The CEO of the Medical Technical Association of Australia, Ian Burgess, responds to a report on the presence of company representatives in hospital theatres.
Last night’s report by the ABC’s 7.30 program served only to promote the negative smear campaign being waged by the corporate health insurance lobby against patient access to life-saving medical technologies, and the in-theatre technicians who are there to help ensure their safe and effective use during vital operations.
It’s important that the many in-theatre technicians who are out there hear these words: the work you do, each and every day, hour after hour, to support surgeons and operating room teams helping save lives is vital. Never forget, what you do saves lives, and Australians thank you for that.
On call whenever needed, these technicians are there when the rescue helicopter lands on a weekday or weekend in the middle of the night with a life-threatening emergency. They are highly trained experts in the medical technologies being used in each specific operation to save people’s lives. It is these technical specialists who support surgeons and operating theatre staff in making sure the extensive and complex array of technologies are safely and effectively used during operations.
We know that we have an acute shortage of nurses in Australia, with estimates of a shortfall of 8,000 just in the private system. In-theatre technicians are a valuable support for theatre nursing staff, enabling them to provide greater support for the surgeons and most importantly the patient. If corporate health insurers’ efforts to remove technicians succeed, it would result in greater stress being placed back onto the health system, overloading nursing staff and health professionals, and significantly impacting the quality of care and outcomes for patients.
We know why corporate health insurers are running a campaign in the media to smear in-theatre technicians – it’s because they do not want patients to have that support any longer. It’s extremely disappointing the national broadcaster chose to run an insurer-pitched story, where the main complainant is a confirmed paid consultant for the corporate health insurance lobby, and who was there simply to peddle insurers’ falsehoods and disinformation. Thankfully, there are many more voices in the health sector who are standing up for patients and the important work in-theatre technicians do.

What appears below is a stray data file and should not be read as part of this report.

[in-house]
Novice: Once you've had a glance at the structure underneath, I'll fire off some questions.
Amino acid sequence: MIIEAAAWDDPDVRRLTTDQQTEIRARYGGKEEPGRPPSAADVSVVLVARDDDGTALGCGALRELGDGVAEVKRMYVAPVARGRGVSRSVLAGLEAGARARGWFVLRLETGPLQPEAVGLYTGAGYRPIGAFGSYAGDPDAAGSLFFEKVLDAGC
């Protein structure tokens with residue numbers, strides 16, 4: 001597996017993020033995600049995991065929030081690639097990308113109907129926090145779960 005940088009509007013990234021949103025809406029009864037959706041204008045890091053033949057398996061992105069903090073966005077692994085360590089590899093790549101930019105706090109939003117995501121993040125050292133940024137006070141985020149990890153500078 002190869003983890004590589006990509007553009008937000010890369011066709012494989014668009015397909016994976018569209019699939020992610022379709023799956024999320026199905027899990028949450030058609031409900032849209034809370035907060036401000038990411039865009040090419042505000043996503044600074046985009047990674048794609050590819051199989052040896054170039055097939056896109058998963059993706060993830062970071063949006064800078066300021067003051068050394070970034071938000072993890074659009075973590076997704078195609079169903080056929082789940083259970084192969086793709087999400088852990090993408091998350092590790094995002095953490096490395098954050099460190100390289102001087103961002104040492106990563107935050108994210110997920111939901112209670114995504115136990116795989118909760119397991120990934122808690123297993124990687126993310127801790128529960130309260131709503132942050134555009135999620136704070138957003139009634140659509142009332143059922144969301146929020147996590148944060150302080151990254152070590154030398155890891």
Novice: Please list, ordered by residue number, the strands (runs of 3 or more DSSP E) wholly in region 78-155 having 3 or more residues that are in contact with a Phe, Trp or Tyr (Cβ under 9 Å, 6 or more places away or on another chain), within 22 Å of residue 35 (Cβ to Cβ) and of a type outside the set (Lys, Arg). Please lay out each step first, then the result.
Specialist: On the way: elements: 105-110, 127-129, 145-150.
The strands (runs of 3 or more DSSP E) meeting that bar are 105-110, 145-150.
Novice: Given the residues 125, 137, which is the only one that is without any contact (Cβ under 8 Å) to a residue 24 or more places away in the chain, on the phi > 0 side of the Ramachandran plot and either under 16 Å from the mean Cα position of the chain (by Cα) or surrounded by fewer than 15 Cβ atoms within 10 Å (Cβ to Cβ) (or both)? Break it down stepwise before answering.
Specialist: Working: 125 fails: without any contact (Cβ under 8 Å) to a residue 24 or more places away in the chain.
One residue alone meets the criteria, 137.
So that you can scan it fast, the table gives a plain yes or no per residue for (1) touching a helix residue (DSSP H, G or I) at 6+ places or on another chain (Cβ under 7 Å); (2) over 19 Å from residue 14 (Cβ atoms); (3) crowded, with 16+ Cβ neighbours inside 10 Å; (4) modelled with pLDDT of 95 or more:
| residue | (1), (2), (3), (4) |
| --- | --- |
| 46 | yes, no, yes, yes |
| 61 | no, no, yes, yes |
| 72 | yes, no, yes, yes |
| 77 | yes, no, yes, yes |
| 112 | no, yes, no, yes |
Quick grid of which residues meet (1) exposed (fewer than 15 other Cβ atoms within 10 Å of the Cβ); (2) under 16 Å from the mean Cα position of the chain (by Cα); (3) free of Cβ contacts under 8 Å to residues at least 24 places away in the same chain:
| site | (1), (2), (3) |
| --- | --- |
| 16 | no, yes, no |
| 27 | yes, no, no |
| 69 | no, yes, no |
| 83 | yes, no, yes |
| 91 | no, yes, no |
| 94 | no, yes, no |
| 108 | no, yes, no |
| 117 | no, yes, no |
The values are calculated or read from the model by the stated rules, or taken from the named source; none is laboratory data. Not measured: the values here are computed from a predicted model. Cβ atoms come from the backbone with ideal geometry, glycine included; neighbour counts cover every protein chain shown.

The Australian Orthopaedic Association acknowledged this vital work in a recently reissued public statement which noted in-theatre technicians’ “specific product knowledge, expertise and continuity can enhance the instrument handling efficiency of the case and contributes to patient safety and better outcomes… [in-theatre technicians] also assist with identification of implants from the hospital’s consignment stock, by type and size, so that operating room staff can provide the specific devices required for implantation by the surgeon.”
The shameful and dishonest attacks from the corporate insurance lobby and their paid consultants, on in-theatre technicians follow a recent exposé in The Australian newspaper that revealed corporate health insurers have profiteered on the back of the pandemic to the sum of $2.1 billion. We know from recent Australian Prudential Regulatory Authority data (APRA) that corporate health insurers are holding onto their customers’ money from delayed surgeries, instead of giving it back, as they had promised.
In addition to hoarding $2.1 billion of their customers’ money, the latest APRA data released on 22 November shows that insurers like Medibank, Bupa and NIB, have increased their premium revenue by $629 million in the year to September 2022, and, of that, insurers spent a whopping $212 million (one third) on increased management expenses. This was while their spending on medical devices fell by $122 million for the year. Insurers' management fees - executive salaries, bonuses, perks, and excessive marketing - reached an all-time high of $2.6 billion. This all the while Australian families continue to struggle with the cost-of-living crisis.
Unfortunately, what we are seeing right now, through the media and other channels, is the corporate health insurance lobby stepping up their aggressive campaign to maximise profits at the expense of patients.
They are demanding deeper and faster cuts to life-saving medical devices and technical support services without regard for how this impacts patient access to medical technology, how it impacts our clinicians and hospitals, or how it impacts the value proposition for having private health insurance.
Rather than focusing on ways to cut benefits and vital support services for patients, insurers should look inward at ways they can help cut their own costs by putting patients, not profits, at the centre of their decision-making. If insurers won’t then MTAA, and other key stakeholders in the health sector, believe they should be made to. That’s why MTAA has called on the Government to investigate insurers' profiteering and practices.
Australians don’t want decisions about access to health and care dictated by the corporate health insurance lobby – which is what we risk if regulators don’t start taking a closer look at insurers’ behaviour and their use of customers’ funds. The Australian health system cannot afford for patients to abandon private health insurance because of these unreasonable practices.
It's well past time corporate insurers put patients, not profits, first.